Wednesday, 15 July 2009

Time to catch up from Derby

Just landed in Derby, this means I am back on the coast for the first time since leaving Darwin on 5 July. After retracing my steps from Darwin to Katherine, it felt real nice to have left the humidity of Darwin behind me. A float around the hot springs brought back memories of the hot springs at Mataranka on my way to Darwin. The place, to my amazement was very crowded compared with last year's visit, but I enjoyed it as much. Coming out of the warm river waters the ambient temperature outside always seems rather cool, so to wrap up with my towel felt real nice.

The night, also much cooler than those at Darwin, was a real relief, a good night's sleep much appreciated. Leaving the following morning, I drive on to a camp spot, about 10km west of Timber Creek, "Big Horse Creek" or #158 in my "Camps 4" book, camping amid a large stand of Boabs.

Billabong at a camp spot by the highway

I had contemplated another ride on the Victoria River but found the increase in price extraordinary since last year ($25 to now $85!) easy to see why his boat was only filled to about 20% max. Left the following morning to travel on across the border to Western Australia, stopping at Kununurra for 3 nights and taking myself onto a flight across Lake Argyle, The Bungle Bungles with adjacent gorges, yet another feast for my eyes, with lots of pictures to prove my point. I also took myself to the outskirts of the town to stock up on freshly grown fruit and vegetables straight from the growers.

When I leave Kununurra I decide to not stay at Halls Creek but put down instead at Spring Creek, some 120km east of Halls Creek instead. A good decision as it turned out to be a lovely spot right by the river, with only about another 10 campers on site. It als turned out to be a rather cold night, quite a change from the many hot nights I experienced at Darwin, just a few days ago.

Next morning I drive on to Fitzroy Crossing, staying at an almost opulent campground at the edge of town. Its good and I stay for 2 nights, as I want to explore Geikie Gorge, about 20km out of town. Its hot and dry on my walk along the gorge, the rock formations this time, lime stone. I also take a tour on the boat through the gorge. Very colourful images, also see some freshwater crocodiles who breed in this area.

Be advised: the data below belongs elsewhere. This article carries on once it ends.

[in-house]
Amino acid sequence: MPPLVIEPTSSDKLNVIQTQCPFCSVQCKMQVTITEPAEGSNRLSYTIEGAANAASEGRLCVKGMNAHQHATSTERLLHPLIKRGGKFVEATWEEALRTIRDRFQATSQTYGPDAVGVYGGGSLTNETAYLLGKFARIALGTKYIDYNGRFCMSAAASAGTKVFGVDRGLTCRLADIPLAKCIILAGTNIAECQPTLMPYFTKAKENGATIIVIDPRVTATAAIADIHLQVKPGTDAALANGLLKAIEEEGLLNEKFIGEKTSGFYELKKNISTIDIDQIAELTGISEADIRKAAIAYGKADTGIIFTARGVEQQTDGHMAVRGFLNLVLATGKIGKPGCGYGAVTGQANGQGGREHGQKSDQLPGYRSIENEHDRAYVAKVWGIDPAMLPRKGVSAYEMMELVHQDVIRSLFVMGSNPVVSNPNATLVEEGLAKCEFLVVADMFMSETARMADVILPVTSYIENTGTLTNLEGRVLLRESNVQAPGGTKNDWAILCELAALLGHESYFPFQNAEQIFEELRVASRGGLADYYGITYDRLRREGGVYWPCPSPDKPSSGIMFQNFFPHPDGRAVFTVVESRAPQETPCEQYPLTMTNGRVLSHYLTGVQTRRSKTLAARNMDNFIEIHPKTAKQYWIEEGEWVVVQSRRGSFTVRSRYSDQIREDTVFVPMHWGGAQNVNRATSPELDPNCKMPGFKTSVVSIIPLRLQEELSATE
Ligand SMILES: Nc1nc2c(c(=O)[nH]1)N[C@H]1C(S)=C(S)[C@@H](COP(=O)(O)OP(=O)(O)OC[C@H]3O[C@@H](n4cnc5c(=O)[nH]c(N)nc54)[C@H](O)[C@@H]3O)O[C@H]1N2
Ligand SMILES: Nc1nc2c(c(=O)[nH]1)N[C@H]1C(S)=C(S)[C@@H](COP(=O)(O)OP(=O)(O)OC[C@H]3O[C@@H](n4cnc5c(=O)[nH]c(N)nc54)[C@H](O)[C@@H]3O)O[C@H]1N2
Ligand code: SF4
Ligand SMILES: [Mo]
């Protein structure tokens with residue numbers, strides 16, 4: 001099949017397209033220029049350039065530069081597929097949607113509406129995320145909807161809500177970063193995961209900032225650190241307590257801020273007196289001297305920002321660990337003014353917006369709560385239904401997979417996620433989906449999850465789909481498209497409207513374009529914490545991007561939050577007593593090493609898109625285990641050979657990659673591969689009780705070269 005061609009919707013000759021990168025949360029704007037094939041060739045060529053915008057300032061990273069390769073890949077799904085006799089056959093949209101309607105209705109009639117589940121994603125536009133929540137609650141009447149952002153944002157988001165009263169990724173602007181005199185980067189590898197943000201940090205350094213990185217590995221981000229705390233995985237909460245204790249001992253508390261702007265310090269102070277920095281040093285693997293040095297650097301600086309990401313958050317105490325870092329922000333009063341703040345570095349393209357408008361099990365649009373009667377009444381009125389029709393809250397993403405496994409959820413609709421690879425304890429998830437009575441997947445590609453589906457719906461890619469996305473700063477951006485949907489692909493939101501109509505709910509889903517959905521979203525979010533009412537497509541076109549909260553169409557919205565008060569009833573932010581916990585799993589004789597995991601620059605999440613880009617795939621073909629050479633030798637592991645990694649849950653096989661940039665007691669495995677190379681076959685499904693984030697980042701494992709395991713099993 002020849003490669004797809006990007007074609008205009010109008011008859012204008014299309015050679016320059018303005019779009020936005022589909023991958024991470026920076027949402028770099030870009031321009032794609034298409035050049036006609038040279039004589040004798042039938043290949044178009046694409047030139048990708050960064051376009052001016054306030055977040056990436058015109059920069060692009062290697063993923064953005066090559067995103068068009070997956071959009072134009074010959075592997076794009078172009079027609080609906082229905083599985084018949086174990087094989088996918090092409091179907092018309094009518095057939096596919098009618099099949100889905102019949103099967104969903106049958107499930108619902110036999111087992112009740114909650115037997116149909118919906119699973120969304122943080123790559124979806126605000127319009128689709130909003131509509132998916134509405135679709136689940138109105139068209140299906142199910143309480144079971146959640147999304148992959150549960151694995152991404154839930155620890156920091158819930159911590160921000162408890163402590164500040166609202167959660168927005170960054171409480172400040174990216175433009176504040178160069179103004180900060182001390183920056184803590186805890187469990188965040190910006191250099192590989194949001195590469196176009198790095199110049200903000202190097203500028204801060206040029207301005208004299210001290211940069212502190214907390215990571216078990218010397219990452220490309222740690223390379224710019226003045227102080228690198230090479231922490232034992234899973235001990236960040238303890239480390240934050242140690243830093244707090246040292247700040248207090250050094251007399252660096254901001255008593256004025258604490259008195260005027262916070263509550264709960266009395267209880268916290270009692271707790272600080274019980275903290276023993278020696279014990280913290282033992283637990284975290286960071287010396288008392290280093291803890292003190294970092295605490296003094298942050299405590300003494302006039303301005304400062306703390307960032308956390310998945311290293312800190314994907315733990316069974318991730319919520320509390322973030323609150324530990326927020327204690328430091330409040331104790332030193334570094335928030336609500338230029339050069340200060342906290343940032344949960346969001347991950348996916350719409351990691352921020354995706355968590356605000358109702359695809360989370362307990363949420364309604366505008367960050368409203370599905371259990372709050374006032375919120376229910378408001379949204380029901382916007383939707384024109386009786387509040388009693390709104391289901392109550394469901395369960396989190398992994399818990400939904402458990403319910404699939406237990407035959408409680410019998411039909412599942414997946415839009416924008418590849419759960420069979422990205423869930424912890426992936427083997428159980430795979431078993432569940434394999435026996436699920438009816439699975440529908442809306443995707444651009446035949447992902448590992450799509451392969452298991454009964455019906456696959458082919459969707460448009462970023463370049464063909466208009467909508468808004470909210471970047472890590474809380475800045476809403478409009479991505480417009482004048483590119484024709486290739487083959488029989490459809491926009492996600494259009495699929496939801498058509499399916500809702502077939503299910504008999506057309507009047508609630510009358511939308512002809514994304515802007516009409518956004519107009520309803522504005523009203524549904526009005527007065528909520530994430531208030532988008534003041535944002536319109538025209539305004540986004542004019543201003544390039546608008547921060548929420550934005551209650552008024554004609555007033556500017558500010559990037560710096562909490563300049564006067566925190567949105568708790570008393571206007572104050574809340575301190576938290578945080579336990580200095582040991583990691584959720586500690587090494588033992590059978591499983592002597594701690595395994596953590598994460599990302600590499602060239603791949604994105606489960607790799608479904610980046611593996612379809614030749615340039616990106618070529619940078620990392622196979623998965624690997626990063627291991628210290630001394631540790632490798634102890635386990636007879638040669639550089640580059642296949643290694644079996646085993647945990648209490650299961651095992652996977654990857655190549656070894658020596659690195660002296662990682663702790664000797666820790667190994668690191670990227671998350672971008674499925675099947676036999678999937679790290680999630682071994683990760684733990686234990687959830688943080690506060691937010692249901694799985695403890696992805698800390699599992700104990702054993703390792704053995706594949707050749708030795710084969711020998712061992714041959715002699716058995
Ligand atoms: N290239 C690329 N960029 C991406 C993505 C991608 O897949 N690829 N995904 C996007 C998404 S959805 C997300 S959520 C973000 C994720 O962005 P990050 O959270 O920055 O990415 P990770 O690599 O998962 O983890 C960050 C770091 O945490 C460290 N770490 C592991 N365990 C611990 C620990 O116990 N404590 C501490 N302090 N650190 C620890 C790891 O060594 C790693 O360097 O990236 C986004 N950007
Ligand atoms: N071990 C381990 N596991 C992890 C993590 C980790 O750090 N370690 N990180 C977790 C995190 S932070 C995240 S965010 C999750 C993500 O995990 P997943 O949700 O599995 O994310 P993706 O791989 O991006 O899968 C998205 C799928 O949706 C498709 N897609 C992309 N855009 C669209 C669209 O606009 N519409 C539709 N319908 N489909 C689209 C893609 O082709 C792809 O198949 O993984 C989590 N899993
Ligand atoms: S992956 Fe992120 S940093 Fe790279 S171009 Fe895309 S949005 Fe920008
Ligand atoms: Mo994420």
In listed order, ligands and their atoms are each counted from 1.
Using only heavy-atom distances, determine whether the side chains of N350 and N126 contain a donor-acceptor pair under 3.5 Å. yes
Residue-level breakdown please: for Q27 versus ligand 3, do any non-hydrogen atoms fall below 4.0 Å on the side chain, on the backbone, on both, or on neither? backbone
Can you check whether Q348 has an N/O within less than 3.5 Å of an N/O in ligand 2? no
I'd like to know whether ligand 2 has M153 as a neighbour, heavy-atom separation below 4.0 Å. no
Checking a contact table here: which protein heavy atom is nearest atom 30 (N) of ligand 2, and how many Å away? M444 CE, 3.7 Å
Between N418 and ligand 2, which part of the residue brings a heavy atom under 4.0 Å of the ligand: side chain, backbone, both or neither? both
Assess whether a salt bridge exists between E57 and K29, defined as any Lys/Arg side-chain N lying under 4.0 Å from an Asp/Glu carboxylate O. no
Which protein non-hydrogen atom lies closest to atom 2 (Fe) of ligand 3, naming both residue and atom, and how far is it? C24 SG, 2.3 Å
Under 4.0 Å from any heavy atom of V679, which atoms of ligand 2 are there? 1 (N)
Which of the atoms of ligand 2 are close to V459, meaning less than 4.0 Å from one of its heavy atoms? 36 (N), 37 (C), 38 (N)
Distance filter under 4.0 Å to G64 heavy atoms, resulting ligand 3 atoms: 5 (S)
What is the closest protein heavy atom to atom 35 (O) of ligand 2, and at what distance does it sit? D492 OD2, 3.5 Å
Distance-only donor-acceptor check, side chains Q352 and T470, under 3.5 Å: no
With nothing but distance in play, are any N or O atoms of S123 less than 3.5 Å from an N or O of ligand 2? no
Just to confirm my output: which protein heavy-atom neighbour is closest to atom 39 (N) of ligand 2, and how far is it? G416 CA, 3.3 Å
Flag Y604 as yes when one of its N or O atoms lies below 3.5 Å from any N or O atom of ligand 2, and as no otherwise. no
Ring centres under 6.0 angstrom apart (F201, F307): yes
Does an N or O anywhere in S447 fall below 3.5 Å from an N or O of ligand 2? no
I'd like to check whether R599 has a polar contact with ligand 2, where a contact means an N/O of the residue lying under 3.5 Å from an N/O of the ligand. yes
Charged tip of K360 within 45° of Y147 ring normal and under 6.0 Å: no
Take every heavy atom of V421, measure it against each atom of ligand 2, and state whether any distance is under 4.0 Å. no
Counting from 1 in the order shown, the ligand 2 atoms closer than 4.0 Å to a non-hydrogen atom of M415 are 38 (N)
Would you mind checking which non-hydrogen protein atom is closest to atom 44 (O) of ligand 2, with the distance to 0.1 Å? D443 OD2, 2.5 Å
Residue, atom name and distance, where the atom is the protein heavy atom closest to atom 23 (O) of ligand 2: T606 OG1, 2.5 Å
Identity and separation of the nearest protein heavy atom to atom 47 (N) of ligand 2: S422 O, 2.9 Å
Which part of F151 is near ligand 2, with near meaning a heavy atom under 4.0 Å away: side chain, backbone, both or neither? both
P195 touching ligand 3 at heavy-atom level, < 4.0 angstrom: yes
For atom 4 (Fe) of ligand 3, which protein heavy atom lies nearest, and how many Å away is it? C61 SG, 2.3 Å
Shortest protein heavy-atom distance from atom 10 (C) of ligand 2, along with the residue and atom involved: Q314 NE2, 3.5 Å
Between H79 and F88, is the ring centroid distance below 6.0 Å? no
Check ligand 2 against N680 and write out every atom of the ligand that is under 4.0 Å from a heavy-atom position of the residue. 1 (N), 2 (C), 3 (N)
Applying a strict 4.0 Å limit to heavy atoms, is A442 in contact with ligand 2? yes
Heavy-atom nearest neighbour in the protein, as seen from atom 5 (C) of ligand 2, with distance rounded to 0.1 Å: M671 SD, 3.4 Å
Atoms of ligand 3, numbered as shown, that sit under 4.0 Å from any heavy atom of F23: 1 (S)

Views in the Geikie Gorge near Fitzroy Crossing. The white markings on the rock wall show the water level during the wet season.

This morning I leave Fitzroy to cover the 260km to Derby. Its still Savannah country, mostly straight highway, excellent road and driving conditions. Heat haze in the distance over the road, oncoming vehicles seemingly materialising out of nowhere in the distance. This being the Kimberleys, lots of Boab trees scattered all over the landscape, Termite mounds everywhere, some spikey looking, narrow structures, some gigantic mounds, generous in height as well as girth. They also give an idea what the ground they are built on is made of, as colours change in some areas quite drastically, some grey, some brown, some dark read. The odd bunch of cattle roaming along the highway, forcing me to slow down as I can't predict just where they might wander at any given moment.

At Derby I take a tour to see the "Horizontal Waterfall", about one hour's flight from Derby Airport. Quite a spectacular flight with stunning views. The Falls are a phenomena that is caused by the huge tidal highs and lows, where sea water flows in and out of land-locked lakes through narrow gaps in the rocks. The water levels between high and low tides vary by as much as 8 metres. One can only imagine the enormous quantities of sea water that have to flow in either direction through those gaps when the tides change.

Views around the Falls...

On the way to the Horizontal Waterfalls our flightpath takes us across large tidal flats as well as a privately owned cattle station that encompasses an area of about 1.5 million hectares. The only way to access this place during the wet season is by aircraft as all roads in are under water. The location of the station buildings looks good, from the air, located on the side of a hill in a valley with a large river, supplying fresh water year round.

After the aircraft has put down on the water we taxi to a floating platform that has various boats and motor yachts tied alongside. My fellow passengers and I are taken on board one of the motor yachts where we are served coffee/tea before being taken on a joyride through the Horizontal Falls in a large inflateable rubber boat with 8 seats amidship and 8 chrome handlebars before each seat to hang onto while we are hurled at high speed, driven by hundreds of horsepower outboards through the narrows. The process is repeated several times with rest periods in between for taking photographs. It does require some skill for the driver to negotiate the rushing waters through the gaps, so its quite a rush for everyone on board.

After all this adrenalin rush we are taken back onto the Yacht where a lovely lunch of Barramundi is served. Delicious! We spend much of the afternoon relaxing in the sun before being flown back to Derby Airport. What a day!!

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